The Bronze Award is a 20-hour project that is usually worked on by a troop. “The girls need to find a problem in the community and try and solve it,” Sandra DeTora explained. To earn their Bronze Award, Johnson and Kendall DeTora’s worked to heighten public awareness of the Big Bend Wildlife Sanctuary. “Their lofty goal was to say that they wanted every single person in Enterprise to know about the sanctuary,” Sandra DeTora said. Emma DeTora’s Bronze Award project was also with the Big Bend Wildlife Sanctuary where she helped publicize and run a fundraiser.

The trio worked on the Silver Award together. The goal of the project was to promote the use of Whisper Phones, an idea inspired by Johnson’s younger brother who had been diagnosed with Auditory Processing Disorder.

Whisper Phones work by amplifying the reader’s voice and directing the sounds to their ears and the girls made 600 whisper phones which were given to every kindergartener in the Enterprise City Schools.

“The Silver Award was my all time favorite,” Johnson said. Sandra DeTora agreed. “That is true,” she said. “The girls were coming home after their Bronze Award and they said they figured out what they wanted to do and that was to provide a Whisper Phone for every kindergartener in the city of Enterprise. That was their goal.”

“They call it the ‘Girl Scout Leadership Experience,’ because we are building leaders,” Sandra DeTora said.

Johnson agreed. “I enjoy Girl Scouts because it is an extra curricular activity that teaches responsibility and skills,” the Enterprise High School freshman said. “It changes you. I have learned more about responsibilities and life skills.

“I play basketball too,” she added with a smile. “That’s my whole schedule: Girl Scouts, basketball and my grades.”

Johnson said she knew a lot about the Boll Weevil Monument and its significance prior to studying about it in Alabama History in elementary school thanks to her grandmother and veteran educator Pat Johnson. “The summer before I go into a grade, my grandma will teach me everything that I am going to need to know going into that grade,” she said with a smile.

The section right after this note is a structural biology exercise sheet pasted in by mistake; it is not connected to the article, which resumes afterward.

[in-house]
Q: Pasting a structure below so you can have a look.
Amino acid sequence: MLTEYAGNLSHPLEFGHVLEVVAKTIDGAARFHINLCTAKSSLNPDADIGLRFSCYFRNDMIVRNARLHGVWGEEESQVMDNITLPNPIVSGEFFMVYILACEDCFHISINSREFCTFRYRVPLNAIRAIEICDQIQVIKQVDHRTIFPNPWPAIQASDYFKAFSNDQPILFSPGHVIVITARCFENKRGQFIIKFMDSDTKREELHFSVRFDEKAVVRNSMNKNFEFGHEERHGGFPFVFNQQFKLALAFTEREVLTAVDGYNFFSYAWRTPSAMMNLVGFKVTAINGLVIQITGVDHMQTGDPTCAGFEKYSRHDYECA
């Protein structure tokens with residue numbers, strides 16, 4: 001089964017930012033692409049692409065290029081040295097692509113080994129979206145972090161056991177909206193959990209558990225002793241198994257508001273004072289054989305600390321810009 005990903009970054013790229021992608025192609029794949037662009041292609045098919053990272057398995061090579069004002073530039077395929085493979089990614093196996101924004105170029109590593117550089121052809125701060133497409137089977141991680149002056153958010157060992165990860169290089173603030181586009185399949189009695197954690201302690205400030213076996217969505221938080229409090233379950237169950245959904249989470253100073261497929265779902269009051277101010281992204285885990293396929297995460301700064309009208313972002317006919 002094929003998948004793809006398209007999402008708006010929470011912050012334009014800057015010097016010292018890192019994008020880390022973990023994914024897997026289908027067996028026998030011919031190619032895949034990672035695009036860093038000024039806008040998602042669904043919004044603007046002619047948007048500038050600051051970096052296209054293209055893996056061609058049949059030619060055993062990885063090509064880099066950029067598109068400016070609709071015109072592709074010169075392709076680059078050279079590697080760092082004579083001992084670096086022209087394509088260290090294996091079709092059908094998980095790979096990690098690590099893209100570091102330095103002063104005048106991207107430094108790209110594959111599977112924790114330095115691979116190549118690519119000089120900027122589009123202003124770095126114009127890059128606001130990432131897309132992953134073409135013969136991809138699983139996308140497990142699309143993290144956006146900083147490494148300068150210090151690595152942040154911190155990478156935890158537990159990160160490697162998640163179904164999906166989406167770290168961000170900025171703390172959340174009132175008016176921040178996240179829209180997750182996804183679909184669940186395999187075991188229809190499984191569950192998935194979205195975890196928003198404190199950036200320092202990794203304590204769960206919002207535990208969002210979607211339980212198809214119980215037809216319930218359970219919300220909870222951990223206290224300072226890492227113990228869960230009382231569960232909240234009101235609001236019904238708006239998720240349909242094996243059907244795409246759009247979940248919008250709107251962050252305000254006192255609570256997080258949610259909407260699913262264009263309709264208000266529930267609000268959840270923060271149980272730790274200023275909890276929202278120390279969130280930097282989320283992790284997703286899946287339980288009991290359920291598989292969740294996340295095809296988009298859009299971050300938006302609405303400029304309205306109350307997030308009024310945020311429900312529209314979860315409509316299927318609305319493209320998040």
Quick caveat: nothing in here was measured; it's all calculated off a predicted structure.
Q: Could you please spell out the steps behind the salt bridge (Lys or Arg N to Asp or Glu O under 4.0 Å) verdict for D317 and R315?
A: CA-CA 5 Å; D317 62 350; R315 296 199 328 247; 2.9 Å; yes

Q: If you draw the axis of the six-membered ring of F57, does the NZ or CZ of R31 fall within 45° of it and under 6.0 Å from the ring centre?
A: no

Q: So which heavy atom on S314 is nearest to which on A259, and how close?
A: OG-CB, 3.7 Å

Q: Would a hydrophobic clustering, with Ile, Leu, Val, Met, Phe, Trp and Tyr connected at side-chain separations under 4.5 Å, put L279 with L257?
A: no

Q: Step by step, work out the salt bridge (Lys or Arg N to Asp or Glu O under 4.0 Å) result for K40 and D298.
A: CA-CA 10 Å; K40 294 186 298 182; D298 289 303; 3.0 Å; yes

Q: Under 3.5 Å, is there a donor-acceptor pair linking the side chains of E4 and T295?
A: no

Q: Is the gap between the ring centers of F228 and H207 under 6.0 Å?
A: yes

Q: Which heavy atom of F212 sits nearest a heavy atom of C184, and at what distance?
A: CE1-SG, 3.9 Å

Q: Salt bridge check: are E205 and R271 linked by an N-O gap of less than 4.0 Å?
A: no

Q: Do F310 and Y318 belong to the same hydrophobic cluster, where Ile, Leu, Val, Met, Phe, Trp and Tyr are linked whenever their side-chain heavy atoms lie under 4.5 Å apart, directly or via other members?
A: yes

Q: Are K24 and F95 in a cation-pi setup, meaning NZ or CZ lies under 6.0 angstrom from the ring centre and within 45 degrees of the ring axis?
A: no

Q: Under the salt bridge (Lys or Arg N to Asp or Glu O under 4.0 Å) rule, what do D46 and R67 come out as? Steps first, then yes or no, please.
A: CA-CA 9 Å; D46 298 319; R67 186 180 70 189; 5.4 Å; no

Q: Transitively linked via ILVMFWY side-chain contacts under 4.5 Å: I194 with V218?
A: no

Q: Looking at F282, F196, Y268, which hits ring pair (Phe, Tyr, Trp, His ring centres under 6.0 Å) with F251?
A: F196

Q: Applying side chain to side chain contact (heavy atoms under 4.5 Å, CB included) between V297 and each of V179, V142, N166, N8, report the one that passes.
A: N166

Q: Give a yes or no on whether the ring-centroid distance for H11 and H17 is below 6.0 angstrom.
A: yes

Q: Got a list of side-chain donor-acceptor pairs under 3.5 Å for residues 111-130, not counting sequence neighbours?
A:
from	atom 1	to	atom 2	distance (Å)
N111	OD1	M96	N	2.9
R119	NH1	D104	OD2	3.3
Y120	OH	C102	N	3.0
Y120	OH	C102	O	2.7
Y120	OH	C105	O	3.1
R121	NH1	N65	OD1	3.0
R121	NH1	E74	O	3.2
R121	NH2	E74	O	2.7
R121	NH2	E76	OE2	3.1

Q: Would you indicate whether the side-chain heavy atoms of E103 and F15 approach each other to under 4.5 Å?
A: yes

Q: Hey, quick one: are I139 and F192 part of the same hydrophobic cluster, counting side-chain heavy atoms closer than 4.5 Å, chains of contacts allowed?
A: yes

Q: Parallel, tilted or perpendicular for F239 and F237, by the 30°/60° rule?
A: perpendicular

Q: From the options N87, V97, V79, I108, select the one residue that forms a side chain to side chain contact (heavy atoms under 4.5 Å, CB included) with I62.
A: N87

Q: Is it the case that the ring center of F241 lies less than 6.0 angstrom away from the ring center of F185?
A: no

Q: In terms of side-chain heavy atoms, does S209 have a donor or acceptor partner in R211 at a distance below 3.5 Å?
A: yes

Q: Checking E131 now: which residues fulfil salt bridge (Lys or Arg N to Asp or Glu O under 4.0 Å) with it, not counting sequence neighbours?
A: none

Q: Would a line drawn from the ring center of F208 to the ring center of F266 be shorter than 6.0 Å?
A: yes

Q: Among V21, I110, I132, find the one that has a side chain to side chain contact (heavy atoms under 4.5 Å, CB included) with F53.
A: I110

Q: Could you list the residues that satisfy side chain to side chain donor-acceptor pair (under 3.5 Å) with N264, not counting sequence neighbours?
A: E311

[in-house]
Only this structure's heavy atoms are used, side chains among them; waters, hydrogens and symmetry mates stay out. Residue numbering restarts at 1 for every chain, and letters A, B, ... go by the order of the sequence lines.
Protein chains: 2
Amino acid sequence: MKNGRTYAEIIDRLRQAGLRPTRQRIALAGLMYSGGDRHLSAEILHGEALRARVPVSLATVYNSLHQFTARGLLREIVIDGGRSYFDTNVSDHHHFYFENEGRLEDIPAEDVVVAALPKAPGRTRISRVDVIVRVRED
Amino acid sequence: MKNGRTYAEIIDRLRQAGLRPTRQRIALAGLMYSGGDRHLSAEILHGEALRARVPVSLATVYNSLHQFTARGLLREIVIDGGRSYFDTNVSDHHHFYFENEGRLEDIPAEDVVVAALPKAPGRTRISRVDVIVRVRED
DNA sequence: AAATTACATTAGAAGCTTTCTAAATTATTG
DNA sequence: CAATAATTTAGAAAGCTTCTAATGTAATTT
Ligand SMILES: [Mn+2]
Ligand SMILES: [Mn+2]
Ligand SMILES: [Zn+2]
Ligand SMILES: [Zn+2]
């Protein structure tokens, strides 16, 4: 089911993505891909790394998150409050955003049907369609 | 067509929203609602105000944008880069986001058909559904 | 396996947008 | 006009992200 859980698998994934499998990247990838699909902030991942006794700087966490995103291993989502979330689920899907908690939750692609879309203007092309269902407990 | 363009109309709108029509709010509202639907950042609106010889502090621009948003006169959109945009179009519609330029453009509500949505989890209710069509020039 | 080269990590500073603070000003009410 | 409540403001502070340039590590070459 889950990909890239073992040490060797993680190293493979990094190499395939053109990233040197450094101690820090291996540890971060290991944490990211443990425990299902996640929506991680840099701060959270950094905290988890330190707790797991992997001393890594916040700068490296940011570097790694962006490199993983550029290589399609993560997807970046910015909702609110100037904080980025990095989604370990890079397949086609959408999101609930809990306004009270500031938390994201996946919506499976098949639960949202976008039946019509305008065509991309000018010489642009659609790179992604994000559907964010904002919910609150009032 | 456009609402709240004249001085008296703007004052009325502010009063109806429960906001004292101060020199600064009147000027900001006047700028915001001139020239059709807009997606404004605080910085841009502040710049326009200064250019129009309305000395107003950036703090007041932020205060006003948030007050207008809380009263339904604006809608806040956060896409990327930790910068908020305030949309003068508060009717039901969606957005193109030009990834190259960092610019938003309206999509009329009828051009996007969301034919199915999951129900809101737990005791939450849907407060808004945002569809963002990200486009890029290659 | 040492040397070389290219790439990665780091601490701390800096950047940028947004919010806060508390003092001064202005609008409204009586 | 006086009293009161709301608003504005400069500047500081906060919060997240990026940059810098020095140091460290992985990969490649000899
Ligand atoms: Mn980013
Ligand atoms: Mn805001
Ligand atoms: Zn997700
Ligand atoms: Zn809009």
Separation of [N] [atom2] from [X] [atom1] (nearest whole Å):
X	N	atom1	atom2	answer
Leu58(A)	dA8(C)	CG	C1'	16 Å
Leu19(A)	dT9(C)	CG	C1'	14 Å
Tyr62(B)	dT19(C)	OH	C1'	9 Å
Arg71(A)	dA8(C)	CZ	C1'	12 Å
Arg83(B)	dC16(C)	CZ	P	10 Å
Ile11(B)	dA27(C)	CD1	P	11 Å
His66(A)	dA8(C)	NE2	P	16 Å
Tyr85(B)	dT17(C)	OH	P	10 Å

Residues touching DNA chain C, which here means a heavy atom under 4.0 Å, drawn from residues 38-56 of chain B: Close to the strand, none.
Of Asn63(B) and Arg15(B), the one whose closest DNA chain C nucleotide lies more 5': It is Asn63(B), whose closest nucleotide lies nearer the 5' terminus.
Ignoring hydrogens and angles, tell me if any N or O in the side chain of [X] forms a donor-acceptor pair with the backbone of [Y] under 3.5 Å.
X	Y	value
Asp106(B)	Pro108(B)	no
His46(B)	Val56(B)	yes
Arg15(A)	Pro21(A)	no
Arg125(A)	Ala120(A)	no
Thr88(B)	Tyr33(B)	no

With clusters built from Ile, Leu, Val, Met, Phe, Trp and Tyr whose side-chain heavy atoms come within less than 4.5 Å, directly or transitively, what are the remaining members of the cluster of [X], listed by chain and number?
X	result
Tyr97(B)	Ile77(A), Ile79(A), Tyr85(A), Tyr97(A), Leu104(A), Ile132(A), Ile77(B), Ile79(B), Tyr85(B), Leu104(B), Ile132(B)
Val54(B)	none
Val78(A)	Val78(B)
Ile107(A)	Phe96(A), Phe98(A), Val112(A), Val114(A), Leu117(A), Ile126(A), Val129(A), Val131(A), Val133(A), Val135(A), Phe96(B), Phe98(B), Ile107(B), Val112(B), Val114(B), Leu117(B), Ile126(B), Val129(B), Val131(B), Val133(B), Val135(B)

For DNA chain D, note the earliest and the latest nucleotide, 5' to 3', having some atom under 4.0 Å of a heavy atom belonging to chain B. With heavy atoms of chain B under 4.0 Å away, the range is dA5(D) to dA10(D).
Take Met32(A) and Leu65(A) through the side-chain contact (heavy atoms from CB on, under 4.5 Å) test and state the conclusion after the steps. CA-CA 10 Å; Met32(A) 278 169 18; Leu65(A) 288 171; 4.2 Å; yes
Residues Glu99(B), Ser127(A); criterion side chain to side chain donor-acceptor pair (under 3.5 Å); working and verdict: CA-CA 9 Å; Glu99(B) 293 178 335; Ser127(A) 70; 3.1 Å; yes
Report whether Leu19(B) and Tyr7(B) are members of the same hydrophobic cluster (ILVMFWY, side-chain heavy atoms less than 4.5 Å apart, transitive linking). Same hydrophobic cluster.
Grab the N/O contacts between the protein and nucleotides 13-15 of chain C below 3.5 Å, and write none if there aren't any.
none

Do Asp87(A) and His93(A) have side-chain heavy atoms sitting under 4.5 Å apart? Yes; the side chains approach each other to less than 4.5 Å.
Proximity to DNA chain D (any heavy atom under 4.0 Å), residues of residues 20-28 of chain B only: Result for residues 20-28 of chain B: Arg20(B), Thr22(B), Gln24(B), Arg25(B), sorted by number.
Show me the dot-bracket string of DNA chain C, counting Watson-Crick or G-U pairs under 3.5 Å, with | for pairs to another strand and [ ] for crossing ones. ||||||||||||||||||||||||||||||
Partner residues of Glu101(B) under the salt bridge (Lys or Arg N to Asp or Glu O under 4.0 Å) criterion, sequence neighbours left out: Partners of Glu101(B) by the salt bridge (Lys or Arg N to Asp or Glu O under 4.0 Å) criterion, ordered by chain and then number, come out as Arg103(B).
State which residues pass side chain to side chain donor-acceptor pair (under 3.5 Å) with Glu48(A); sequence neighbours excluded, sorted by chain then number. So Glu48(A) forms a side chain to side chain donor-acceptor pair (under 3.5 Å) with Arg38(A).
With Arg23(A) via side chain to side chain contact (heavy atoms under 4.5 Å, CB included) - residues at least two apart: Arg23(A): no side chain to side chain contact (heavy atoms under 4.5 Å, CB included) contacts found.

One fact that she did learn new was that the monument was a just a fountain before the evil weevil was added some 30 years later. “It was a creative idea,” the Senior Scout said.

“The Boll Weevil Monument was always the center of everything,” said Cadette Scout and Coppinville Junior High School student Emma DeTora. “Literally, the center.”

Senior Scout and Enterprise High School student Kendall DeTora said she hadn’t realized that the Boll Weevil started its journey in Mexico.

“The Boll Weevil Centennial Celebration is approaching and we wanted Girl Scouts to be able to celebrate the rich history behind it,” said Meghan Cochrane, Director of Marketing and Communications for Girl Scouts of Southern Alabama which serves more than 5,000 girls and 2,500 adult volunteers in 30 counties.

“Girl Scouts of Southern Alabama encourages girls to discover the world around them, connect with their communities and take action when necessary,” Cochrane said. “This patch program does just that.

“Each and every girl will have the opportunity to learn about the history of the Boll Weevil and its impact on Enterprise and Alabama history,” Cochrane said. “Our goal is to encourage girls from outside the area to learn more about this historical marker and its significance.

“The most important part about the patch program is the ‘Take Action’ piece which is a requirement that the girls continue to share their experience and history of Enterprise with others,” Cochrane added. “We will also encourage them to provide volunteer hours to the city as needed.”

(1) comment

Sandra DeTora

Way to go Girl Scouts! [smile]